Today is the big day, the newspaper printed another small article as a reminder – we are hoping for a large turnout.  As we finish the final touches having labeled and priced each painting, I go back to the house to dress.  Thank goodness for Meera once again, my hands are shaking and I can’t figure how to wrap the beautiful Kantha sari I’ve chosen to wear. from   Once wrapped properly, she helps me place a bindi on my forehead and then picks out the jewelry to go with the sari. Antara, Archana and Shamlu give a thumbs up of their approval and we are off to the Palladian.

As we arrive I am greeted by my new friend Shalome who is one of the administrators there and he is amazed at my transformation from a racing maniac hanging paintings to a (somewhat) serene woman in Indian dress. He remarks that I look as though I have worn a sari all my life and I must admit I do feel very comfortable.

admiring some of the art with the students

say "cheese"!

the artists and their work

One last check at all the work, a bit of leveling each collage and we are ready for the troops. The children arrive promptly at 5 PM, and they rush to me hugging, kissing and admiring my outfit. Even the boys tell me that “auntie” looks like a “princess” and I laugh.  After they settle down I tell them to look around at all they’ve created and that this exhibit is for them; had they not been such great, talented students we wouldn’t be here having a show.  They are bubbling now with anticipation and I can see how proud they are and it makes my heart fill with joy.  This is the best time – seeing their expressions. I am so happy for them.  We take many pictures and the staff is there to pose with me and the children ask for photos with me as well.

Guest are arriving and I must leave the kids to greet everyone, then the media comes, many more than I expected – TV, magazines and 4 newspapers to cover the event. The children’s eyes are a s big as saucers, they are awestruck.

The journalists and photographers grab me for shots with the kids, on my own, with the work and then they interview me and a few of the students asking about the meaning of their individual collages and what it was like to work in this medium and with me.  Their expressions tell me the whole story and I can’t stop smiling.  One fashion magazine pulls me aside to take photos of my outfit and then I’m grabbed by some more of the media.   This joint is jumping and I see some of the chief guests arrive, it is time to start the opening ceremony. We have speeches and a candle lighting ceremony and Shamlu speaks as do the main guests,  one of whom is a very famous artist. He pronounces the work and the show to be a success and the frenzy begins as the viewers start to purchase the work and ask some of the children to explain the technique and the meaning of their collages.  We sell out of the greeting cards Antara has printed and soon about 12 large works are sold.  I am asked to say a few words which are mostly directed to the children, had it not been for Udayan I wouldn’t have come to India and not have had the great privilege of working with these children. They have made this experience complete and I thank them for that.  I tell them to continue to work in my absence and that a seed has been planted, it must be nurtured by practice and continued creativity.  Then Antara and a few of the Udayan girls perform a special song they’ve practiced for the event. (Antara sings like a songbird and teaches singing with an open heart).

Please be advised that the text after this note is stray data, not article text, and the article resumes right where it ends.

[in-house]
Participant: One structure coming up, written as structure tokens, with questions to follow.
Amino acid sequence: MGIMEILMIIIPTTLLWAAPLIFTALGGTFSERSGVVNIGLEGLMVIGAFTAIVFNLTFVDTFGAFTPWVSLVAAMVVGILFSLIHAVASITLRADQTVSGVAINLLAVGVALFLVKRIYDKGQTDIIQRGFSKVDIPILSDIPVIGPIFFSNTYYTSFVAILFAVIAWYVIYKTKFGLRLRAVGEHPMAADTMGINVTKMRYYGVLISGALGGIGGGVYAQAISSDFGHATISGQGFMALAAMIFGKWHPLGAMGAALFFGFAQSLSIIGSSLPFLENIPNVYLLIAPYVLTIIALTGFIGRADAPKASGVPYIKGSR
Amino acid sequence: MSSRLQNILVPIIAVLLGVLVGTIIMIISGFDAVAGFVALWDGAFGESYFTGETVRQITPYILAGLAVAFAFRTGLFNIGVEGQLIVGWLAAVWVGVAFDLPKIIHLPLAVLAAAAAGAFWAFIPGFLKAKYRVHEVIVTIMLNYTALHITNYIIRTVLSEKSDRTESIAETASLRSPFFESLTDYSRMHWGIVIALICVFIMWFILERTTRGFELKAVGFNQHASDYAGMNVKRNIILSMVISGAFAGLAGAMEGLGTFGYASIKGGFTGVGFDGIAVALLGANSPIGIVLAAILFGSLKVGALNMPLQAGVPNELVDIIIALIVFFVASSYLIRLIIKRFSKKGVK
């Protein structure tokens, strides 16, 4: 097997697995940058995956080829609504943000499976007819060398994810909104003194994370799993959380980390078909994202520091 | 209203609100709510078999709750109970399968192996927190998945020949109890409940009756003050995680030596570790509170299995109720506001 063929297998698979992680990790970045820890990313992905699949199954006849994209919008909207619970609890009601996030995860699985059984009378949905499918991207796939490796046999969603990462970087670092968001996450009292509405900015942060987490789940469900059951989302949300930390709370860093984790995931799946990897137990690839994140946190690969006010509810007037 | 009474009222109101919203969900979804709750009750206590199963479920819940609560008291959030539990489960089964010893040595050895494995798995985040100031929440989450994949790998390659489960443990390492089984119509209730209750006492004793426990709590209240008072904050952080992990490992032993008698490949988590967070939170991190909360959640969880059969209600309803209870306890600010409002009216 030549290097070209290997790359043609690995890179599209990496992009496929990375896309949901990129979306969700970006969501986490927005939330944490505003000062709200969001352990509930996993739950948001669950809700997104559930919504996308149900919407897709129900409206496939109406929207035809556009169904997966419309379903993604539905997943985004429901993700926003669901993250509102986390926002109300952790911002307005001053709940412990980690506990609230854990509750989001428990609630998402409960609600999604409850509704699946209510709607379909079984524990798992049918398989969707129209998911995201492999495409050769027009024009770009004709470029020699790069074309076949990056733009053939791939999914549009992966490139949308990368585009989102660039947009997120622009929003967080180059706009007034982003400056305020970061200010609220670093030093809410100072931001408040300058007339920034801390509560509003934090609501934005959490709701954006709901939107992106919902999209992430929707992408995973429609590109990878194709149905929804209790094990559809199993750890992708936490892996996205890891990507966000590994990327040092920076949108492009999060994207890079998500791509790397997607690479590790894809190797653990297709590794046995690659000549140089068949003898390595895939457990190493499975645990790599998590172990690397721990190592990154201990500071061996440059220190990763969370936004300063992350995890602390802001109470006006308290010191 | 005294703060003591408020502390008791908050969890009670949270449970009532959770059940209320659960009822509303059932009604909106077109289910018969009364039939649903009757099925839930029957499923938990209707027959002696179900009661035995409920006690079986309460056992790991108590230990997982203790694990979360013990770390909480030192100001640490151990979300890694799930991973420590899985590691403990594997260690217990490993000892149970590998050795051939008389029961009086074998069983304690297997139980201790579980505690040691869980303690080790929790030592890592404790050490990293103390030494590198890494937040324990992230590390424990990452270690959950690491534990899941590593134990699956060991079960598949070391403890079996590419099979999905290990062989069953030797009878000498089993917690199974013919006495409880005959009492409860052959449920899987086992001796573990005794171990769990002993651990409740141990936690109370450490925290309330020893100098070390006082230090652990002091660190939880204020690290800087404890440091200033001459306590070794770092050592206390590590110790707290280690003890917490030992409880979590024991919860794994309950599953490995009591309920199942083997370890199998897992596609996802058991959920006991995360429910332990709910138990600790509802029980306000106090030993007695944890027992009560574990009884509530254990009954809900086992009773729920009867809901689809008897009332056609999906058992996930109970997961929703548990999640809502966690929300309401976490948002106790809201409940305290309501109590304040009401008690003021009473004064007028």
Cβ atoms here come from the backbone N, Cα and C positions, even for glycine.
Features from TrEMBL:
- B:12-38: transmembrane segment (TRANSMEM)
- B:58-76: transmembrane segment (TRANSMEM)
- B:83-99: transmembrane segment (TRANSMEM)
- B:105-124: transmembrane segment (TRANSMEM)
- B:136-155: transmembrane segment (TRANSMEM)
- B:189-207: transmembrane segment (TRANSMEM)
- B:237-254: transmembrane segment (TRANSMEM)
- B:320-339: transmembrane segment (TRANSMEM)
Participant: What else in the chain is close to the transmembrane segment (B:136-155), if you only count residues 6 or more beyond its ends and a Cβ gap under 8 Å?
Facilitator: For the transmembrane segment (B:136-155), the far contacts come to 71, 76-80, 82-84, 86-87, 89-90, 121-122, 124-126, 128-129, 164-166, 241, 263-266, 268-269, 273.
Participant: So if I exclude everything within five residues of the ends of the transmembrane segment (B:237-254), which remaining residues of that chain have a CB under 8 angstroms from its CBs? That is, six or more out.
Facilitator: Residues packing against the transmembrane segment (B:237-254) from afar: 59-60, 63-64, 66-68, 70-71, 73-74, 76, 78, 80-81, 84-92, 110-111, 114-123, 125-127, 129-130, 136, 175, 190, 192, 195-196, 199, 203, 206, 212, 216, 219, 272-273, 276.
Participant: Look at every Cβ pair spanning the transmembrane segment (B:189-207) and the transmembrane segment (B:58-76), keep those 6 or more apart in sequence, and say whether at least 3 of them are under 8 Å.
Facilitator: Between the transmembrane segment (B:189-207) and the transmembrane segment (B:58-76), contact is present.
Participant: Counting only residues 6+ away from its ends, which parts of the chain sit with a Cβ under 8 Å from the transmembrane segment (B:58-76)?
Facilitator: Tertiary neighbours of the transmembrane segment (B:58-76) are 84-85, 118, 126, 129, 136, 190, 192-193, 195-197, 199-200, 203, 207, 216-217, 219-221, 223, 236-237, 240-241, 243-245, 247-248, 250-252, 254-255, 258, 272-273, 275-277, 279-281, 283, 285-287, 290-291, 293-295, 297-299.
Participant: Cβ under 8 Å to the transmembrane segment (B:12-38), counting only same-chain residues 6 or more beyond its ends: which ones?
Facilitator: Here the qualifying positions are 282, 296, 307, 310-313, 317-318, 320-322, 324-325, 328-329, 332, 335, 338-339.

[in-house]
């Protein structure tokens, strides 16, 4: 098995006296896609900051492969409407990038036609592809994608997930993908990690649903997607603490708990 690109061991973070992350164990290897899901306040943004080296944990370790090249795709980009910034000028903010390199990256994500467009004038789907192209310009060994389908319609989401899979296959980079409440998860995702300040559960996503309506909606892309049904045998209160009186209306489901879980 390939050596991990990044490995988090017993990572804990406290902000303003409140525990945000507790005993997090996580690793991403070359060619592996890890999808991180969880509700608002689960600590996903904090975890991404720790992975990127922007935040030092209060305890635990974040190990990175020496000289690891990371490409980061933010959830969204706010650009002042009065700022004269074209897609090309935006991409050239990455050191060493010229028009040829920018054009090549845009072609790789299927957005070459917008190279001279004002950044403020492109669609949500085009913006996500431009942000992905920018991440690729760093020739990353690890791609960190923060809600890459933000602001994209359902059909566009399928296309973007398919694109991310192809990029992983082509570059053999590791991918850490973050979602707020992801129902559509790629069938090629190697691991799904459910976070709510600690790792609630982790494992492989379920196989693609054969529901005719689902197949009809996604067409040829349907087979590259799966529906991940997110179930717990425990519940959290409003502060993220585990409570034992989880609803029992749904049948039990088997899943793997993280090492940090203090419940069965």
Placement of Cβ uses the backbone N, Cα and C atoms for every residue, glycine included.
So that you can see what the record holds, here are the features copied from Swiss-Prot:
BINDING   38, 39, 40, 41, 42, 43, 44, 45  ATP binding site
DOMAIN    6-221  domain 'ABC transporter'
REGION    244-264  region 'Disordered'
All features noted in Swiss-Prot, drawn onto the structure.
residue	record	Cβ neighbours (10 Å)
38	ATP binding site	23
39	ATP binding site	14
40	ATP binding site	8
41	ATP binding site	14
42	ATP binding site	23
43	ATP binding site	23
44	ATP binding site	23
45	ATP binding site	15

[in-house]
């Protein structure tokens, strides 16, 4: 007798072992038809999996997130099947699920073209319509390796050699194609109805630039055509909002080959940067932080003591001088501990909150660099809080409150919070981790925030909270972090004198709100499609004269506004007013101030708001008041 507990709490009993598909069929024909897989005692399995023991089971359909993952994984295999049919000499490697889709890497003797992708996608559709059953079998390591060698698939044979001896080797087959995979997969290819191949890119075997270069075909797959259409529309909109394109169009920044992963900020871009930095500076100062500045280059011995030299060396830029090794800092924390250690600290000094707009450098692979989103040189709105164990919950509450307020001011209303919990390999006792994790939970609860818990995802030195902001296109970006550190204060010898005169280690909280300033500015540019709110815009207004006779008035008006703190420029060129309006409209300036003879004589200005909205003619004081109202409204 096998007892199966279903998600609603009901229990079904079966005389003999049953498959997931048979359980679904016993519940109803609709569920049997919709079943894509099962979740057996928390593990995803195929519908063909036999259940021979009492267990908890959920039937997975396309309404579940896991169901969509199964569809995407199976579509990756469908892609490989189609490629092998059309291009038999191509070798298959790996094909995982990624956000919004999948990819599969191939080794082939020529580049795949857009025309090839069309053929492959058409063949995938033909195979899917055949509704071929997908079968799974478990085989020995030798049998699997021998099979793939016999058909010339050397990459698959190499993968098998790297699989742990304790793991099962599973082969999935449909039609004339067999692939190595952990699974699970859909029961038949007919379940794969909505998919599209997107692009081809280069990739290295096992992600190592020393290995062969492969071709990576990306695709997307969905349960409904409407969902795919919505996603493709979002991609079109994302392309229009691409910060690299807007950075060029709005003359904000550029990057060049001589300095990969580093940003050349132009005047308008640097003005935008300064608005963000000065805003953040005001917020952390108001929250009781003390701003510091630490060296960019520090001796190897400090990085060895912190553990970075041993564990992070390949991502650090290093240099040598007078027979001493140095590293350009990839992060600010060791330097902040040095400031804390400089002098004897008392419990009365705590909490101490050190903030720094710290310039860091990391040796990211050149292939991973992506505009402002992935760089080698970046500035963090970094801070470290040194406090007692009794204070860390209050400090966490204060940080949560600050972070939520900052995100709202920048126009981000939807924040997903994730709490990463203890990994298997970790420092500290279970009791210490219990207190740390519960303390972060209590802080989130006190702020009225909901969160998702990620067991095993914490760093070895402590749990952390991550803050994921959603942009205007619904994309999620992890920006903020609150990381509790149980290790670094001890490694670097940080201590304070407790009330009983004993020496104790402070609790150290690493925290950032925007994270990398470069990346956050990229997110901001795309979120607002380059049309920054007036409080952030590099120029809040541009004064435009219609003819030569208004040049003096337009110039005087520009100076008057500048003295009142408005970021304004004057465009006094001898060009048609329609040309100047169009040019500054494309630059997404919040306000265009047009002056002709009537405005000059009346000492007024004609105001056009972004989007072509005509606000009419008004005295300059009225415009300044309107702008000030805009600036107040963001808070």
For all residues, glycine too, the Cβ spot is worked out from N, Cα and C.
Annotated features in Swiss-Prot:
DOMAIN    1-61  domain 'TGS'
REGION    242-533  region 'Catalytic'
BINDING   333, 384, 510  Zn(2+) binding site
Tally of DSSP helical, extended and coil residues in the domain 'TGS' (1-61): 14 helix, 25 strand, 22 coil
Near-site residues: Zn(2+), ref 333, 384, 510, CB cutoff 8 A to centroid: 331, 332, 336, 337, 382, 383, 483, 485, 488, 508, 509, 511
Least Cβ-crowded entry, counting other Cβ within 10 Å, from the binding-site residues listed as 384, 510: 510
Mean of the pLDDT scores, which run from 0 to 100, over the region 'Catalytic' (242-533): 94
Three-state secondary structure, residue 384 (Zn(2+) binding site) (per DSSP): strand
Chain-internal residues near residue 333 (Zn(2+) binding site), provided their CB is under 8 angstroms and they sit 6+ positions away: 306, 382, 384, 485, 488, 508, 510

Antara and her choir perform

Our honored guest speaks to the children about their great work

Shamlu makes a welcome speech

Soon it is time for cocktails so the children must leave and we say goodbye tearfully. I promise to come before heading back to the US.  The party now is in full swing and when I’m not being interviewed by the press I am meeting with many who are interested in the how and why and also the specific technique I use.  So many people, so much interest and love in that room.  After it winds down I am finally able to sit and take a breathe. Then  Karuna suggests we go for a small dinner and the party continues. We toast to the continued success of the show as it will be on for 3 days, saying our goodnights and head back to our respective homes. Giddy from the success of the exhibit, we all collapse, happy but exhausted. Someone calls to say the TV has aired the art show and interviews, but I don’t know which station so I don’t get a chance to see it.

presentation of flowers and the opening ceremony

A word of thanks

Thursday morning I am called by the editor of Society Magazine for another phone interview and after a very productive conversation she tells me the magazine will be out in March or the very latest April.  April will mark the one year since I met Shamlu , very auspicious. I think we make a good team.

the girls take a guest on a tour of their work